• Resource List

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June 11, 2020

This is our thirteenth weekly update regarding the coronavirus (COVID-19). Below, you will find updated facts and figures. 

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June 4, 2020

This is our twelfth weekly update regarding the coronavirus (COVID-19). Below, you will find updated facts and figures. 

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May 28, 2020

This is our eleventh weekly update regarding the coronavirus (COVID-19). Below, you will find updated facts and figures. 

  • Confirmed cases and deaths
  • Testing
    • As of May 26, 15,183,888 total viral tests have been reported and 1,858,968 positive viral tests have been reported in the United States. This is a 12% positive rate. 
      • Viral tests tell you if you are currently infected. These differ from antibody blood tests; antibody tests check your blood by looking for antibodies, which show if you had a previous infection with the virus.
      • A single infected person may be tested multiple times, so the number of positive cases is not equal to the number of positive tests. 
  • Kentucky
    • The state of Kentucky’s response to COVID-19 includes both guidelines for specific groups and Executive Orders from Governor Beshear. Here are a few highlights from the past week (see the full list here):
      • On May 22, announced a new absentee ballot portal that is live online here. Voters in every county of the commonwealth can request a mail-in ballot for the June primary elections. The last day to apply for a ballot is June 15. The primary elections in Kentucky will be held on June 23.
      • On May 22, lifted the interstate travel ban. See the executive order here in English or here in Spanish. 
      • On May 21, provided an updated Healthy at Work schedule for June. See the full schedule here
      • On May 20, announced a $300 million award to city and county governments as part of the Coronavirus Aid, Relief and Economic Security (CARES) Act. The CARES Act established the Coronavirus Relief Fund (CRF) to reimburse local governments for expenses incurred in response to the public health emergency caused by COVID-19. Read more here
  • Indiana
    • The state of Indiana’s response to COVID-19 includes both guidelines for specific groups and Executive Orders from Governor Holcomb. Here are some highlights from the past week:
      • On May 21, announced that Stage 3 of Indiana’s opening would begin on May 22 for most of the state; Cass, Lake, and Marion counties, the hardest hit areas of the state, will enter Stage 3 later on June 1. Read more about Stage 3 here
      • See documentation on Indiana’s 5 stages of reopening here
      • A full resource guide for Indiana residents is available here. Recent public updates can be found here
  • Resource List

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May 21, 2020

This is our tenth weekly update regarding the coronavirus (COVID-19). Below, you will find updated facts and figures. 

  • Confirmed cases and deaths
  • Testing
    • As of May 19, 12,601,143 total viral tests have been reported and 1,699,375 positive viral tests have been reported in the United States. This is a 13% positive rate. 
      • Viral tests tell you if you currently are infected.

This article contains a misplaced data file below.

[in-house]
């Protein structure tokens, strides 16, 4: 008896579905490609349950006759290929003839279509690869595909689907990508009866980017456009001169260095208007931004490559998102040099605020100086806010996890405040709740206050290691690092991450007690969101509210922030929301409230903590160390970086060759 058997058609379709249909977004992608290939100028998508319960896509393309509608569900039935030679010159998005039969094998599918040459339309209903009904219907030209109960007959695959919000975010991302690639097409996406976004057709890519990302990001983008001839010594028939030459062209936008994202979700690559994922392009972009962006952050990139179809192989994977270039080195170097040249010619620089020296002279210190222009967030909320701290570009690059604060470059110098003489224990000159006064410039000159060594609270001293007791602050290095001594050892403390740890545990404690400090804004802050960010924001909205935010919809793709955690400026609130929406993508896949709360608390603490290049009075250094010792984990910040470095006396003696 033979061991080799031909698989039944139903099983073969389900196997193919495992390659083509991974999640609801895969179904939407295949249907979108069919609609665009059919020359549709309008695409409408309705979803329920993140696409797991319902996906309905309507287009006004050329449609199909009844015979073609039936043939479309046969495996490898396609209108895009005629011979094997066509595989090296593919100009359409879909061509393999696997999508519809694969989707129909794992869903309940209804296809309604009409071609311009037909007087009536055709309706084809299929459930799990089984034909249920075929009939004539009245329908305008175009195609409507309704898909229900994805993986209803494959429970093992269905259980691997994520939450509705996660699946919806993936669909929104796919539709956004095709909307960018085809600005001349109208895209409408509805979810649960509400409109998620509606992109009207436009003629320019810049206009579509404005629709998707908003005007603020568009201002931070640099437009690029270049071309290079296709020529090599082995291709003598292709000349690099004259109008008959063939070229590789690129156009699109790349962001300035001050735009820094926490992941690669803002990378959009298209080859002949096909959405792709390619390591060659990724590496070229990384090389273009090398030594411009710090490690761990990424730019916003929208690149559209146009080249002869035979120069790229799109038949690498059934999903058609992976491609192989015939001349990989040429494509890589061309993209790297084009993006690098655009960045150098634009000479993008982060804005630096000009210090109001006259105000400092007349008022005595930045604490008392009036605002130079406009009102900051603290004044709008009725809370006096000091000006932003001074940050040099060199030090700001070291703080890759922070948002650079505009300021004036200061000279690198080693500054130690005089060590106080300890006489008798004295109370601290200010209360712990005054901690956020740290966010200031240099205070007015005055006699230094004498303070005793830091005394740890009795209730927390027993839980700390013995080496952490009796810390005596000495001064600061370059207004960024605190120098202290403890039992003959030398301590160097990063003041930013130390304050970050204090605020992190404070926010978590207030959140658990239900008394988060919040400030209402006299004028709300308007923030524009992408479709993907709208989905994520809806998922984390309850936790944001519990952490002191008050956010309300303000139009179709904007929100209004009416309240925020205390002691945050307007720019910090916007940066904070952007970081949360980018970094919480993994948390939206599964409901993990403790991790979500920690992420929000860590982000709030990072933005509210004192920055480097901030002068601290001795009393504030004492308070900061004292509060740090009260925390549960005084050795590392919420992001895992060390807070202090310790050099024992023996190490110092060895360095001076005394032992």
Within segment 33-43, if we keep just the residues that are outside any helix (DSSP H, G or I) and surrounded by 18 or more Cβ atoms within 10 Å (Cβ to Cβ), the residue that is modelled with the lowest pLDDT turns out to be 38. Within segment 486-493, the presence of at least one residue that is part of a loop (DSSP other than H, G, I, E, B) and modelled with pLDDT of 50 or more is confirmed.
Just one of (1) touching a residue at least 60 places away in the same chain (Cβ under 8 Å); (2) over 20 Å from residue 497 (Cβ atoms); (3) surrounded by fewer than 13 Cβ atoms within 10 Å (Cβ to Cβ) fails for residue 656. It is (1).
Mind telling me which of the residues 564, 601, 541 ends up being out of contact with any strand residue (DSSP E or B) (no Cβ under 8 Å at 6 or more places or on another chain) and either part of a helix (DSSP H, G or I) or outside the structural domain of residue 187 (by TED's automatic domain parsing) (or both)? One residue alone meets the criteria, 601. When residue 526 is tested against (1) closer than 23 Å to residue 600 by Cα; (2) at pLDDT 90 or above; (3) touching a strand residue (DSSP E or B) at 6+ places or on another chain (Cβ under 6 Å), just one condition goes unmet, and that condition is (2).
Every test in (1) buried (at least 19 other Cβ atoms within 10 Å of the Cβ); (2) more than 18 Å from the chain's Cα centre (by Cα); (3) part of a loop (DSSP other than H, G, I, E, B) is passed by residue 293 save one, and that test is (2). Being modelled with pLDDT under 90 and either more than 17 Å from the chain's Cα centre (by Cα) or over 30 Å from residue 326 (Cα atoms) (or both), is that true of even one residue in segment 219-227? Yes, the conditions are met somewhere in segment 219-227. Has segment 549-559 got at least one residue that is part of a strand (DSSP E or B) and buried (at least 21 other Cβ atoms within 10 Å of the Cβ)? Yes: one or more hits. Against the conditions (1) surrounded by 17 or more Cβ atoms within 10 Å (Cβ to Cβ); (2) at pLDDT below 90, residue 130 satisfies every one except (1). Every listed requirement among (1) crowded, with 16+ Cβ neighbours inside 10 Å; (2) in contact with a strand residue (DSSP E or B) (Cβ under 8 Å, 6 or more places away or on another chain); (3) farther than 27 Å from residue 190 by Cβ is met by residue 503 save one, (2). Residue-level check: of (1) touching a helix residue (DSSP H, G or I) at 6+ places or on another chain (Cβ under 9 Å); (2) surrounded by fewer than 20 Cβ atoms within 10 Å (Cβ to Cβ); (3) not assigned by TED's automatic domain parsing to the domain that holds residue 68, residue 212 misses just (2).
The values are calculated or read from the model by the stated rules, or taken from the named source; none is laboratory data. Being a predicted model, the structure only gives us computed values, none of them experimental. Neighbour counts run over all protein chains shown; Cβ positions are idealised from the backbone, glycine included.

• A single infected person may be tested multiple times, so the number of positive cases is not equal to the number of positive tests. 
  • Kentucky
    • The state of Kentucky’s response to COVID-19 includes both guidelines for specific groups and Executive Orders from Governor Beshear. Here are a few highlights from the past week (see the full list here):
      • On May 19, announced that museums, outdoor attractions, aquariums, libraries and distilleries will be allowed to reopen with proper distancing and sanitization procedures in place starting June 8.
      • On May 18, announced the appointment of Mark Carter as executive adviser leading the contact tracing efforts in the Office of the Secretary of the Cabinet for Health and Family Services (CHFS). Learn more about contact tracing in a video here
      • On May 14, announced that groups of 10 or fewer may gather again starting May 22 and the travel ban will expire on May 22. Read more here
      • On May 13, announced the next step for health care reopening. Hospitals and care facilities can begin non-emergency surgeries and procedures at 50% of their pre-COVID-19-era patient volume beginning May 13. Facilities will determine their patient capacities starting May 27 as long as progress continues.​
  • Indiana
    • The state of Indiana’s response to COVID-19 includes both guidelines for specific groups and Executive Orders from Governor Holcomb. Here are some highlights from the past week:
      • On May 18, issued COVID-19 Specimen Collection and Submission Guidelines for healthcare providers. Learn more here
      • See documentation on Indiana’s 5 phases of reopening here
      • A full resource guide for Indiana residents is available here. Recent public updates can be found here
  • Resource List

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May 14, 2020

This is our ninth weekly update regarding the coronavirus (COVID-19). Below, you will find updated facts and figures. 

  • Confirmed cases and deaths
  • Testing
    • As of May 13, 10,217,573 total viral tests have been reported and 1,510,924 positive viral tests have been reported in the United States. That is a 15% positive rate. 
      • Viral tests tell you if you currently are infected.